I. A.  For the purpose of anticipating disease outbreaks, bioterrorism, enabling better response

     (2)  GPHIN I and II

Origination/Future:

The initial version of Canada’s Global Public Health and Intelligence Network (GPHIN I) was created in 1998 by the Public Health Agency of Canada (PHAC) in conjunction with the World Health Organization (WHO).  Notably, Ted Turner’s Nuclear Threat Initiative (NTI) provided some financial assistance. The idea was to have an early warning system of public health threats WW and to enable emergency preparedness and planning. A second iteration, GPHIN II came online in 2004, and added expanded language capabilities. It was collaboratively developed with Nstein, a Montreal based corporation that brought to the table linguistic AI acumen. Future iterations will incorporate advanced analytical capabilities.

Technical Description:

GPHIN is a secure, internet based “early warning system” that gathers preliminary reports of health significance in seven languages on a real time 24/7 basis by monitoring global media sources such as news wires and web sites. GPHIN leverages linguistic, machine translation and data mining IP. GPHIN tracks topics such as disease outbreaks, infectious diseases in animals/plants/ humans, contamination of food/ water resources, bioterrorism and exposure to chemical and radio-nuclear agents. GPHIN also monitors issues related to the safety of products, drugs and medical devices.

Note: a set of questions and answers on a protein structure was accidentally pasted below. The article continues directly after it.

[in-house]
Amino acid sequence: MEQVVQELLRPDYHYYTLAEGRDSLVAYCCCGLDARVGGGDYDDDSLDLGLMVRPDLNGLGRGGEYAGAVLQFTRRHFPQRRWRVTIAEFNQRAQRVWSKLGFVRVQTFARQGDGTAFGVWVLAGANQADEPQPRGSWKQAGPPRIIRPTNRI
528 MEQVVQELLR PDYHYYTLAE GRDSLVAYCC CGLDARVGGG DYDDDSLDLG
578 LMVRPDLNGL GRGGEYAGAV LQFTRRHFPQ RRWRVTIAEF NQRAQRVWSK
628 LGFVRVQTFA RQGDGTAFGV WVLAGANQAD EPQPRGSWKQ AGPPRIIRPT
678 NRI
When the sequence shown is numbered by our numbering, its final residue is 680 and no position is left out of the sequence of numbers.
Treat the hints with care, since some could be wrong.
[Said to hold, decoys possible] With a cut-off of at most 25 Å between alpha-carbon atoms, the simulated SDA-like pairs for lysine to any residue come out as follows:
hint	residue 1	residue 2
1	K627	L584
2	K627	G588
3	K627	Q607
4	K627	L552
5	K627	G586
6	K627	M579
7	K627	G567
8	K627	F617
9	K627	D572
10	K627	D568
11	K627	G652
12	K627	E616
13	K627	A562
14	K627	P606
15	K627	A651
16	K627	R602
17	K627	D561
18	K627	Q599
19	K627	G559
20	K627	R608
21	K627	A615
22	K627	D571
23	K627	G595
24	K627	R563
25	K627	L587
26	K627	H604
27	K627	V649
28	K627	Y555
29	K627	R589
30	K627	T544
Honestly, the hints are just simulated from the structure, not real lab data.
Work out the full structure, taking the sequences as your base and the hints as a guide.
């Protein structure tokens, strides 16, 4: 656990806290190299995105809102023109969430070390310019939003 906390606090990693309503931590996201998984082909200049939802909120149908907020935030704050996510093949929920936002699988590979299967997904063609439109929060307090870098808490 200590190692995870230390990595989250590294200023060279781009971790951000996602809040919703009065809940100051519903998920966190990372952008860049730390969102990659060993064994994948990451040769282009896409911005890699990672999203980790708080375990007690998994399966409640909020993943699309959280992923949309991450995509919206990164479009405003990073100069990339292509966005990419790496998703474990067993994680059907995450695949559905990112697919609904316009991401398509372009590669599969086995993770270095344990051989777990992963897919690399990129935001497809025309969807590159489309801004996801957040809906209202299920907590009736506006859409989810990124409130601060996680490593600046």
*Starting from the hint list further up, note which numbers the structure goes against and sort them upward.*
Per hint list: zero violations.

Resources/Budget:

GHPIN’s budget is in the vicinity of $1.5M per year. GHIN has a staff of 17-18 which includes 14 analysts, one IT specialist, an office clerk, and a program chief.

Users:

Specifically, Canadian Security Intelligence Services (CSIS), Canadian Food Inspection Agency (CFIA), Royal Canadian Mounted Police,  UN Food and Agriculture, World Organization for Animal Health (OIE), European Commission, European Center for Disease Prevention & Control (ECDC), CDC.

v  Government Institutions: Ministries of Health, Military, Depts. of Agriculture, Chemical Safety…

v   Nations: Algeria, Australia, France, Italy, Germany, Netherlands, Switzerland, Wales, United States.

Success/Costs:

PHAC indicates that the system has been useful and cost effective. GPHIN had a 96% accuracy rate in 2006. Fees for using the system run from $30K per user for government and nonprofit agencies to $100K per user for others.

Competitive Notes:

Health Map collaborates with, feeds/ pulls from GPHIN. Earlier work in this bio surveillance/epidemic predictive arena, i.e.- Bio-Alirt & Bio Sense from The Division of Emergency Response,  focused more on connecting internal data between local, regional, national healthcare providers and data with government actors, not necessarily leveraging the web and seemingly NGO , individuals.

I. A.  Predicting disease outbreaks, monitoring bioterrorism, enabling better response to pandemics